Yellowstone National Park has been hit with over 1,500 earthquakes in the last two months. The swarm of tremors has rocked the area almost daily since June 12, according to a statement from seismologists with the University of Utah.
The majority of the Yellowstone earthquakes have been small, with most registering a magnitude 0 or less. However, some have been recorded with a magnitude 3.0 or higher and one registered at magnitude 4.4, the largest to strike the region in over three years.
“The swarm consists of one earthquake in the magnitude 4.0 range, eight earthquakes in the magnitude 3.0 range, 134 earthquakes in the magnitude 2.0 range, 505 earthquakes in the magnitude 1.0 range, 879 earthquakes in the magnitude 0 range, and 35 earthquakes with magnitudes of less than zero,” a University of Utah report stated, as cited by Yellowstone Insider.
While heavy seismic activity is not necessarily unusual for Yellowstone, some fear this particular swarm of earthquakes is leading up to a much larger event. An enormous supervolcano lies below the national park and could be showing signs of an eruption. The ancient caldera is nearly 50 miles long, 12 miles wide, and clandestinely sits seven miles below the surface.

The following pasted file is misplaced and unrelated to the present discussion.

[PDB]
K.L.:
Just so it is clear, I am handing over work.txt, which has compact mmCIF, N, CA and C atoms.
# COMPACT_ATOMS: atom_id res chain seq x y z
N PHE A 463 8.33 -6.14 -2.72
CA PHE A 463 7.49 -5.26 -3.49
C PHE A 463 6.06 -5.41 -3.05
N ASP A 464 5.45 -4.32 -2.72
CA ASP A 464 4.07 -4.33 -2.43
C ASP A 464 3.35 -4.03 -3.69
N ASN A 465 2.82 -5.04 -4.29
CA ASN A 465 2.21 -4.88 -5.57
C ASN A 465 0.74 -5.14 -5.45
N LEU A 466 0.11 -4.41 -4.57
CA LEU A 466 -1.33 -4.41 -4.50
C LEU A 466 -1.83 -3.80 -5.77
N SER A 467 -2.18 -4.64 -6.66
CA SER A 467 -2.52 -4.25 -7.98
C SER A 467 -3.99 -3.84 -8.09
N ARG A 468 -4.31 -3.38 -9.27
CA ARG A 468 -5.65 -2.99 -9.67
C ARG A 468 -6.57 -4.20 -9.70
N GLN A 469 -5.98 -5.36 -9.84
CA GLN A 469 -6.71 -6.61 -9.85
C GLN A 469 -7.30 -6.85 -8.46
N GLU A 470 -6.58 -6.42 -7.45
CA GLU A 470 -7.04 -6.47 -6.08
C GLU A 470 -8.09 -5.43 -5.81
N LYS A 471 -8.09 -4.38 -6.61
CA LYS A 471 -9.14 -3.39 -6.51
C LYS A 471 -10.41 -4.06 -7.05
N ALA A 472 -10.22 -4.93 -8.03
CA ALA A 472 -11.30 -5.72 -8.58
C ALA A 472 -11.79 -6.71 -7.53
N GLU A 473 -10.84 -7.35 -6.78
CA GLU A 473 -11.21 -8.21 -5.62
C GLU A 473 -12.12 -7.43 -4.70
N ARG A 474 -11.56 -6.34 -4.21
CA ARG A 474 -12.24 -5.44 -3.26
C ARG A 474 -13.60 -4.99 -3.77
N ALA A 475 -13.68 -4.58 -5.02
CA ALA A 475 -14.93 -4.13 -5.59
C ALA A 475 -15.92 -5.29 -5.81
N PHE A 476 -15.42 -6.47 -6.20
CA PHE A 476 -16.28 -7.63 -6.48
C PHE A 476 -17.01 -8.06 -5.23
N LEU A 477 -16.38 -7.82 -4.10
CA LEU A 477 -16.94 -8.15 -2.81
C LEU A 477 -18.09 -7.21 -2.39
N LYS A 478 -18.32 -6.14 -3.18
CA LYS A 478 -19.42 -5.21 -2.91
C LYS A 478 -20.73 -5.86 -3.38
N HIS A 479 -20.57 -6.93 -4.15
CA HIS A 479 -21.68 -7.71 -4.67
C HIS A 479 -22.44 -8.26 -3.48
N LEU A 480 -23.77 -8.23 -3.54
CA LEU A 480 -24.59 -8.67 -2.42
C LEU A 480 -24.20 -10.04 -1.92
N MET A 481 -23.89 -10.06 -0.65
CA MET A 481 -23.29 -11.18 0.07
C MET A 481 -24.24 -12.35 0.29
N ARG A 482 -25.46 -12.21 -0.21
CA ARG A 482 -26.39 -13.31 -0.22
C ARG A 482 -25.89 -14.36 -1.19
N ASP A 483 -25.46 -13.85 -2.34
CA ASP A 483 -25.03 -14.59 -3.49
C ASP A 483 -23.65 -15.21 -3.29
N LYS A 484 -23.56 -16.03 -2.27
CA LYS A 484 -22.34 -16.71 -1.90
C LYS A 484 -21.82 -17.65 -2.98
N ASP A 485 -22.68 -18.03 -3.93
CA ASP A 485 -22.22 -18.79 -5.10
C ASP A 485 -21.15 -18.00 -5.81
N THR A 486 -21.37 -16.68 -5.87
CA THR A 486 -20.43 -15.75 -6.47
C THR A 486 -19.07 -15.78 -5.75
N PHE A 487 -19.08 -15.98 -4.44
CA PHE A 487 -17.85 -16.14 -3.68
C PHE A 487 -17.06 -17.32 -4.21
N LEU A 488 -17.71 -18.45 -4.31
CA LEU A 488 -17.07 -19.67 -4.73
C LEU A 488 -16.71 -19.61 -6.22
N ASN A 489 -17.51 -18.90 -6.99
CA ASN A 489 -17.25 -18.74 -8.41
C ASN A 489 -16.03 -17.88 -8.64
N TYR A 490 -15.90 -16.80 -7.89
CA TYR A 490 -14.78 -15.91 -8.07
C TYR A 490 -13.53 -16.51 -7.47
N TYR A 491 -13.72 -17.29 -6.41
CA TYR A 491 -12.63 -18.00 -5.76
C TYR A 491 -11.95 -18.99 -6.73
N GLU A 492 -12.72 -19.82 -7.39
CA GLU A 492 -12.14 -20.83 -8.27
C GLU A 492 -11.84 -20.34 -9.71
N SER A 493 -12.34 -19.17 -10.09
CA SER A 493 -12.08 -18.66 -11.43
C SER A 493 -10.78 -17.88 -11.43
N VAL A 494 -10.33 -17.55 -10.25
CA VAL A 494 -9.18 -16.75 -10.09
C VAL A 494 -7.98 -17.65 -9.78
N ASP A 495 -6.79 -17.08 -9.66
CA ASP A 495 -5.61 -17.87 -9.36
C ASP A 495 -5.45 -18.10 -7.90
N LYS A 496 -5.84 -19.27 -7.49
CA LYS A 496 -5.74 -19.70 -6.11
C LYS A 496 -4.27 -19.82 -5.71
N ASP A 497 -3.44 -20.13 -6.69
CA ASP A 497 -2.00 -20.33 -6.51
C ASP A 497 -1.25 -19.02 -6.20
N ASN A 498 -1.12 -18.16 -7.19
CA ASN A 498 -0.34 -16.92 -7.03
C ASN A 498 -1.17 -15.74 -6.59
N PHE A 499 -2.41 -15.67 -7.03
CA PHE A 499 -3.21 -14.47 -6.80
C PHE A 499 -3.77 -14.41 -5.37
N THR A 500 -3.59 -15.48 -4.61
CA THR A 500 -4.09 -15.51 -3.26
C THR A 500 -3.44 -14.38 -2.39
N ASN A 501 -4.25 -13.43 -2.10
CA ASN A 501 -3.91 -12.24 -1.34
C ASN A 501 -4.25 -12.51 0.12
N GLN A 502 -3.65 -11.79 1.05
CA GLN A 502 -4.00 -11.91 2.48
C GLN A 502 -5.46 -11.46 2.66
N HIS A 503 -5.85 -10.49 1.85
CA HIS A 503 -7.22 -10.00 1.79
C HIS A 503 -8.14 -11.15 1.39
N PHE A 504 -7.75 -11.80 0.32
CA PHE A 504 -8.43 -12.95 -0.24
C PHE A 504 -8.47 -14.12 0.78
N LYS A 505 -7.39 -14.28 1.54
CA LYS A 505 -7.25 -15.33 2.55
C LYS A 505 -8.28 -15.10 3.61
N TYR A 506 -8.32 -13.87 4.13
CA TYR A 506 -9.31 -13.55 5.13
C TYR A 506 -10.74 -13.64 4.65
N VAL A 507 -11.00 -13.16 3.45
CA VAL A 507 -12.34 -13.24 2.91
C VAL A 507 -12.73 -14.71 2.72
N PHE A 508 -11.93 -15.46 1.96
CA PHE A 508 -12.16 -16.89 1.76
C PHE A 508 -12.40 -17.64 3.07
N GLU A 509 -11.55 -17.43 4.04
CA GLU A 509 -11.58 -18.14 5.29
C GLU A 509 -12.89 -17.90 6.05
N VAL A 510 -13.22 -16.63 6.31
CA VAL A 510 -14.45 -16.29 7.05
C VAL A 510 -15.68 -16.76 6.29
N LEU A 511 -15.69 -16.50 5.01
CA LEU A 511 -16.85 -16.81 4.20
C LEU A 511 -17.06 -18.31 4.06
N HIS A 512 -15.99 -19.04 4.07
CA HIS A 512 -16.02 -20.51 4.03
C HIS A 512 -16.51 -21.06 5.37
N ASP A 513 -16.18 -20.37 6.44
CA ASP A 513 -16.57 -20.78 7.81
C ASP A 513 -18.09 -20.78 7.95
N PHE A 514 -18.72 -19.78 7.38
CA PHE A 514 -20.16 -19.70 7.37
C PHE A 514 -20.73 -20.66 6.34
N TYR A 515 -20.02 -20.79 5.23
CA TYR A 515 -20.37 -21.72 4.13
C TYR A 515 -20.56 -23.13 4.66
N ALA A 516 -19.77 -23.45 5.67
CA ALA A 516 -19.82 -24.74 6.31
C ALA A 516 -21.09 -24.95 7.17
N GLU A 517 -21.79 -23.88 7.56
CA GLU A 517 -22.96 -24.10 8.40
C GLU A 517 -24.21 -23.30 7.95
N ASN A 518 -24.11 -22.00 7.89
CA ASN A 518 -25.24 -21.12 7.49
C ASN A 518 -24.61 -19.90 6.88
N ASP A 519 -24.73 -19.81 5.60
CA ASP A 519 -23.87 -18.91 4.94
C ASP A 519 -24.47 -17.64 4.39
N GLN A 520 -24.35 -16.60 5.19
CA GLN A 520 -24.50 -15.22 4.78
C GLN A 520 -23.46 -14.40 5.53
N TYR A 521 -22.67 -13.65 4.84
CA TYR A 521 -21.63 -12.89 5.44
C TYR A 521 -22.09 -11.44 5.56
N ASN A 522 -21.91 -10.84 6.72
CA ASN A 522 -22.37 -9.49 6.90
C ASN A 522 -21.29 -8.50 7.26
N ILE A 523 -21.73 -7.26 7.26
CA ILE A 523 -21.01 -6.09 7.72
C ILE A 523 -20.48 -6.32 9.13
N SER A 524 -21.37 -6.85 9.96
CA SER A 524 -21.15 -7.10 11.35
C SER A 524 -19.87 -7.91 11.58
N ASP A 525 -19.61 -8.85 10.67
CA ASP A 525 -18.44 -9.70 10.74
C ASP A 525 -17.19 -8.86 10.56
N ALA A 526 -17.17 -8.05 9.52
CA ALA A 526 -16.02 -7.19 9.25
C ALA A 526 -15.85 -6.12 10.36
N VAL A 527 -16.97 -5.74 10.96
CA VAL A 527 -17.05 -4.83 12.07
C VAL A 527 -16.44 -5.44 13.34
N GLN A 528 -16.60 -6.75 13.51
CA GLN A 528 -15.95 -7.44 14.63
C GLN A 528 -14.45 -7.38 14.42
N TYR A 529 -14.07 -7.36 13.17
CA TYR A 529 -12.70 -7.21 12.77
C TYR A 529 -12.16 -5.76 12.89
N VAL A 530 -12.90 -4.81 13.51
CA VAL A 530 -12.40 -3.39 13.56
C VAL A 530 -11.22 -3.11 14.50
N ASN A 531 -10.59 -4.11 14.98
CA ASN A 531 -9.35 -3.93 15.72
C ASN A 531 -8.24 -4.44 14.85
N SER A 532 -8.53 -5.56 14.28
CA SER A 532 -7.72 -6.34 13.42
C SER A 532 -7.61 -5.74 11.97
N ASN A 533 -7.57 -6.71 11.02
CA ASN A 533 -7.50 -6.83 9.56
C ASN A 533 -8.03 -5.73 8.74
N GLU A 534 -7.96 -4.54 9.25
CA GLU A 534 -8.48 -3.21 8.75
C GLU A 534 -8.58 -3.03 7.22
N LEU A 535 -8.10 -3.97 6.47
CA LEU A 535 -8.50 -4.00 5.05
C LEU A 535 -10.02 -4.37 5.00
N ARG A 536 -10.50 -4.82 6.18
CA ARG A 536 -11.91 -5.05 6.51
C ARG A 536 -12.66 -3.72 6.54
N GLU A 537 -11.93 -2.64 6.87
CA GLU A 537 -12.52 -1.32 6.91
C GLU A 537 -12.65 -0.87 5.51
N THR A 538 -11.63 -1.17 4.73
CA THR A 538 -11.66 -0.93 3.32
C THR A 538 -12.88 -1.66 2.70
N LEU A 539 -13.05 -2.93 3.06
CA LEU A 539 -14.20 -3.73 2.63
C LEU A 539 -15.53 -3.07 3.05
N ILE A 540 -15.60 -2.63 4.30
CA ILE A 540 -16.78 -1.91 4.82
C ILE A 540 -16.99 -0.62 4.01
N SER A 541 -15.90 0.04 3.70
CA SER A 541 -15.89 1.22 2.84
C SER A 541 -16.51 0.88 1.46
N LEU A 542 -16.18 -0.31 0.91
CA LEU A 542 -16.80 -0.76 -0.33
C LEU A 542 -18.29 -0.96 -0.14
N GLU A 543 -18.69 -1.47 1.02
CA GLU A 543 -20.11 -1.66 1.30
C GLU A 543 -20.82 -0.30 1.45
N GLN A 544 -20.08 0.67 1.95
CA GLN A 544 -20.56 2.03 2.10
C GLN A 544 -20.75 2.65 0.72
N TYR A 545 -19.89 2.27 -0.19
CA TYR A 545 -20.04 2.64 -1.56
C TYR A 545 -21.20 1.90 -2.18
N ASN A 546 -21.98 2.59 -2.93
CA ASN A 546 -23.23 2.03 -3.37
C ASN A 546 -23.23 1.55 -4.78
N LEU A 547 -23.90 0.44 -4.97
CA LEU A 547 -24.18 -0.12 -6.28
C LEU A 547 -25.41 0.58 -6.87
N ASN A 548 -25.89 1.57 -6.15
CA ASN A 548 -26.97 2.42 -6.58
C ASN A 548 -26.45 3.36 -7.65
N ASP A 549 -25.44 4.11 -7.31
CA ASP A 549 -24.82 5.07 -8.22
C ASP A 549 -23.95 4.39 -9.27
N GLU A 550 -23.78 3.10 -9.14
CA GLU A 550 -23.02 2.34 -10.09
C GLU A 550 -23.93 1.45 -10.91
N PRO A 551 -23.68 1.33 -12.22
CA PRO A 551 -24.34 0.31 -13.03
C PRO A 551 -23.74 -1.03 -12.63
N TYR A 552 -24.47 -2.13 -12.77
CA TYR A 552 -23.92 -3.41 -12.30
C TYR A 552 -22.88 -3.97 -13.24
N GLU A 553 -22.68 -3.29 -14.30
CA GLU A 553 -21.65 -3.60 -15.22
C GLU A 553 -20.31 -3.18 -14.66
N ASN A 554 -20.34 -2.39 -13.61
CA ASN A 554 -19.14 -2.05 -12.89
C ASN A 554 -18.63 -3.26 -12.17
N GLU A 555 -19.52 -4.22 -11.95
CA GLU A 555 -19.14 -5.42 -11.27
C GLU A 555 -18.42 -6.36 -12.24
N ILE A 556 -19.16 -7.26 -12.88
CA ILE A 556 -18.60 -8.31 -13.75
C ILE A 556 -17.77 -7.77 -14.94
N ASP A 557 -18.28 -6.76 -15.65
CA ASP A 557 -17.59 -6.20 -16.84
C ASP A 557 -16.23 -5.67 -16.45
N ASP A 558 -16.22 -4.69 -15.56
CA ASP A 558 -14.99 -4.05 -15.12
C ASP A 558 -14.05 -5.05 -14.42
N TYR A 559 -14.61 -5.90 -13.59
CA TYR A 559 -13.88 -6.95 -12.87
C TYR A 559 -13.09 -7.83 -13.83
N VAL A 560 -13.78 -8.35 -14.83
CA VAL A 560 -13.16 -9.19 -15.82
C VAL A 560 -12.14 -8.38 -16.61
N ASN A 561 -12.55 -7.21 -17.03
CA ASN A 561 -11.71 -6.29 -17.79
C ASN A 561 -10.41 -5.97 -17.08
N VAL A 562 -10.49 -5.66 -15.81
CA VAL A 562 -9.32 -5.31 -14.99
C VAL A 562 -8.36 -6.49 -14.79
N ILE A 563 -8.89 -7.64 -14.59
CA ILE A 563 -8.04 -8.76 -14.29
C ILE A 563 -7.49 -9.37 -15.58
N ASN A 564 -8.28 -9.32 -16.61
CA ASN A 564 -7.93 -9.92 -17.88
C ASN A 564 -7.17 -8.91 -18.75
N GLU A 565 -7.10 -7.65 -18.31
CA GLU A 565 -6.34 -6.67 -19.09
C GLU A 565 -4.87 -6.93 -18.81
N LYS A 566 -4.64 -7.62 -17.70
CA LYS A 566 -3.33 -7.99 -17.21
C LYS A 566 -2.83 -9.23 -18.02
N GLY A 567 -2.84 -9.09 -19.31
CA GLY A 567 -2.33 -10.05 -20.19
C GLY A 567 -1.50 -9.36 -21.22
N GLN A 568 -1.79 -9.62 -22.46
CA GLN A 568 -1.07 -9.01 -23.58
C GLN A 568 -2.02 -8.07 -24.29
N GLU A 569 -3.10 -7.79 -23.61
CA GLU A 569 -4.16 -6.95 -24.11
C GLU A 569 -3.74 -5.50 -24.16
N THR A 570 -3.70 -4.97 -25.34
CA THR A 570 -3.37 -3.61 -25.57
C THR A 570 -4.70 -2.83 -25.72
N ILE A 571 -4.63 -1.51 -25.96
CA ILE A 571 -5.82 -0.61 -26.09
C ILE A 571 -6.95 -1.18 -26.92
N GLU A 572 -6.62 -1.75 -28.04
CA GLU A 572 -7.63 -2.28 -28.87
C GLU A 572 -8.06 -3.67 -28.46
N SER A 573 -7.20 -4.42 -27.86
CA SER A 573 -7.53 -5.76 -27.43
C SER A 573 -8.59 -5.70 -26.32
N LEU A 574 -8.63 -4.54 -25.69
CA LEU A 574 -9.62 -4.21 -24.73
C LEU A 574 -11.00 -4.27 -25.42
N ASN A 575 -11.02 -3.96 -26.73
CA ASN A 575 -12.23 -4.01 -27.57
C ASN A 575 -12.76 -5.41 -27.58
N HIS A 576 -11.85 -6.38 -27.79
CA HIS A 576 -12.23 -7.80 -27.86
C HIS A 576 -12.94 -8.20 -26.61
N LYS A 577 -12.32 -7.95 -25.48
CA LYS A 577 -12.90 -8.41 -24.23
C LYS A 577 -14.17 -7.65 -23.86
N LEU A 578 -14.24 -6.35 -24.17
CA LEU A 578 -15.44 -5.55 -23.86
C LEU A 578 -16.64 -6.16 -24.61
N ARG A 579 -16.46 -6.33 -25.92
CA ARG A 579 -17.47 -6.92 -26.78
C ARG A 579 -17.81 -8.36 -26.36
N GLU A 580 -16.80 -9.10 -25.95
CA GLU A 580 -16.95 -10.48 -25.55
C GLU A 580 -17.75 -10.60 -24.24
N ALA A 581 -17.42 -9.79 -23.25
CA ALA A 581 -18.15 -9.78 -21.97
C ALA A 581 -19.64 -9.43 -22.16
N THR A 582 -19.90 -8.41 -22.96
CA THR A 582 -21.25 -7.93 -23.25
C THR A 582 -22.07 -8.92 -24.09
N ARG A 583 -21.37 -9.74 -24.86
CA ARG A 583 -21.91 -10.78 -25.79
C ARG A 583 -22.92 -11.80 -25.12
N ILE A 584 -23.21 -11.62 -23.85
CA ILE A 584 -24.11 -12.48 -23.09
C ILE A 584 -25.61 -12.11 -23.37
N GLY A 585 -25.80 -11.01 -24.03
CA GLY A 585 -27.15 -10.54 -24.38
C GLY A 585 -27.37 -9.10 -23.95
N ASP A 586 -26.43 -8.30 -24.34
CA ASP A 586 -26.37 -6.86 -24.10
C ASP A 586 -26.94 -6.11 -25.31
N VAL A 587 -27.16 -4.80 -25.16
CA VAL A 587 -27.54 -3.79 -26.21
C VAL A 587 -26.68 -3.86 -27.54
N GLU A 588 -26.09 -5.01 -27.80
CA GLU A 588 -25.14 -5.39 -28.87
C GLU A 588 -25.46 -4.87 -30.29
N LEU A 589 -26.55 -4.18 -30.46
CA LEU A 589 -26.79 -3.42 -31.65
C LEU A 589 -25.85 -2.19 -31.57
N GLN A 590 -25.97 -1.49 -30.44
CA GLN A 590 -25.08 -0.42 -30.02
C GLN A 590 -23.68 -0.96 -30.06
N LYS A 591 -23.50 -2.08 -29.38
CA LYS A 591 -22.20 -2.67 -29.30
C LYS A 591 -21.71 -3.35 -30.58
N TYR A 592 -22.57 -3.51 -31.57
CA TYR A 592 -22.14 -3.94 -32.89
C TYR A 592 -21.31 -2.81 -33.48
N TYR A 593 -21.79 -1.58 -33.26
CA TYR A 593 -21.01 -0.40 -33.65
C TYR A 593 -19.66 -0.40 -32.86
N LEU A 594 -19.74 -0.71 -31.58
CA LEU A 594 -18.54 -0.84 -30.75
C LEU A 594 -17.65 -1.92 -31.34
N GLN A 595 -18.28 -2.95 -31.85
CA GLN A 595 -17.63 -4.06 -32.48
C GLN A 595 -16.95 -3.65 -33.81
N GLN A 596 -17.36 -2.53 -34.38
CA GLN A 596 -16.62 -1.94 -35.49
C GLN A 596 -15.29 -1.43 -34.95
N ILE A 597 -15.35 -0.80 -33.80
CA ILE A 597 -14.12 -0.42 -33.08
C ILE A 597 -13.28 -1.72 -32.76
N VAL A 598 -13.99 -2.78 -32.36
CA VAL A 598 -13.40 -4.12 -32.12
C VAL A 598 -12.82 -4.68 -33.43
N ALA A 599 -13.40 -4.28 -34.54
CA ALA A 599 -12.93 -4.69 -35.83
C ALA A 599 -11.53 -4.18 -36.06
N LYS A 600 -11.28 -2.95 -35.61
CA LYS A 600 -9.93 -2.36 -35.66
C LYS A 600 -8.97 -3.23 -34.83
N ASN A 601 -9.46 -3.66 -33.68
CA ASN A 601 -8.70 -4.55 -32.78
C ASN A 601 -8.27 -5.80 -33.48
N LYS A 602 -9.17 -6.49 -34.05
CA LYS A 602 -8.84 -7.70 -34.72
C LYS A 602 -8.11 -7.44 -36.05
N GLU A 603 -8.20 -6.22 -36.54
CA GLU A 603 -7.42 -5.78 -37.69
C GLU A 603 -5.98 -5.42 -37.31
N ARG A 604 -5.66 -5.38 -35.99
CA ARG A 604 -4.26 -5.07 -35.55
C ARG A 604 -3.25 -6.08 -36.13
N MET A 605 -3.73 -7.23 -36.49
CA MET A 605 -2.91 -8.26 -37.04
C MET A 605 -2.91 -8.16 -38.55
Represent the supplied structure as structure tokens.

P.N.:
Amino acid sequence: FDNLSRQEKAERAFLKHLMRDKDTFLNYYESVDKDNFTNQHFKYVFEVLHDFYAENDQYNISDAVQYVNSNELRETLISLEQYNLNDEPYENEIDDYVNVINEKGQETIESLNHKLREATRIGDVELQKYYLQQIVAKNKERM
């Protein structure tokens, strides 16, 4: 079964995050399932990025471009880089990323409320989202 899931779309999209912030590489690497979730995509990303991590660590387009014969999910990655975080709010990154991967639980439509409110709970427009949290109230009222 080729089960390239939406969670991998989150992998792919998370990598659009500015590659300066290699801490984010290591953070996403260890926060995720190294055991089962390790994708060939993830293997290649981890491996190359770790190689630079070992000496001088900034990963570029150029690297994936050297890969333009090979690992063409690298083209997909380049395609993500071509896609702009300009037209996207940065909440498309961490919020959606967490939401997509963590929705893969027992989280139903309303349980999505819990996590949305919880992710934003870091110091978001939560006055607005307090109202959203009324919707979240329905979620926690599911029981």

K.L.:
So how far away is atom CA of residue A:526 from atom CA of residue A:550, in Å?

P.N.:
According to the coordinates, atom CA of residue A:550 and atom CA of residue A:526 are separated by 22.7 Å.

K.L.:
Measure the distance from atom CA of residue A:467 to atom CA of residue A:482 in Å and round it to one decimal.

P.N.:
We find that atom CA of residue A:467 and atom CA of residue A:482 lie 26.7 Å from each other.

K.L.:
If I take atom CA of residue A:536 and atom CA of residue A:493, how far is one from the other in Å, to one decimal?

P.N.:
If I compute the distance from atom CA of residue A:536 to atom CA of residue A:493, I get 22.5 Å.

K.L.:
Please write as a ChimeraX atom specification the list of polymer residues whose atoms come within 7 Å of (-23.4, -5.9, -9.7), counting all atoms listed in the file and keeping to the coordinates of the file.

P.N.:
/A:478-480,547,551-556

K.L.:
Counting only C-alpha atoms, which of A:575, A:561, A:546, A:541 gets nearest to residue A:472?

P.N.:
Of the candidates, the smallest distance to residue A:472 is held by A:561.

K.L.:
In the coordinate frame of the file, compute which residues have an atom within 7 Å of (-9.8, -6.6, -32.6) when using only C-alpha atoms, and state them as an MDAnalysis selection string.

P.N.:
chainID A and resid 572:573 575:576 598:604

“When a volcano starts ‘acting up’ prior to an eruption, one of the typical signs is increased seismicity,” research professor at University of Utah Jamie Farrell told Newsweek.
If the Yellowstone earthquake swarm brings a supervolcano eruption, the devastating effects would be felt worldwide. The volcanic event would immediately kill 87,000 people living in the surrounding area and an estimated 66 percent of the United States would be uninhabitable. The tremendous blast would emit clouds of gas and ash large enough to block out the sun for several years, creating a looming “nuclear winter” that would threaten all life on Earth.
According to a previous Inquisitr report, the Yellowstone supervolcano last erupted 640,000 years ago. Experts estimate 240 cubic miles of ash were spewed into the atmosphere during the explosive event, which ultimately settled and covered most of the land mass that is now North and South America.
The eruption of Washington state’s Mount St. Helens in 1980 killed 57 people and caused ash to fall like snow in 11 neighboring states. Volcano experts predict the inevitable explosion of the Yellowstone supervolcano will be 6,000 times more powerful than Mount St. Helens.
Even though the swarm of Yellowstone earthquakes has locals trembling and fearing a super-eruption, seismologists do not think the Earth’s recent movements will lead to an explosion of the caldera. According to Farrell, the current number of tremors in the region is “fairly common” and so far, there is no reason to believe the earthquakes are associated with magma moving below the surface or any other typical signs of an impending supervolcano eruption.
[Featured Image by Lane V. Erickson/Shutterstock]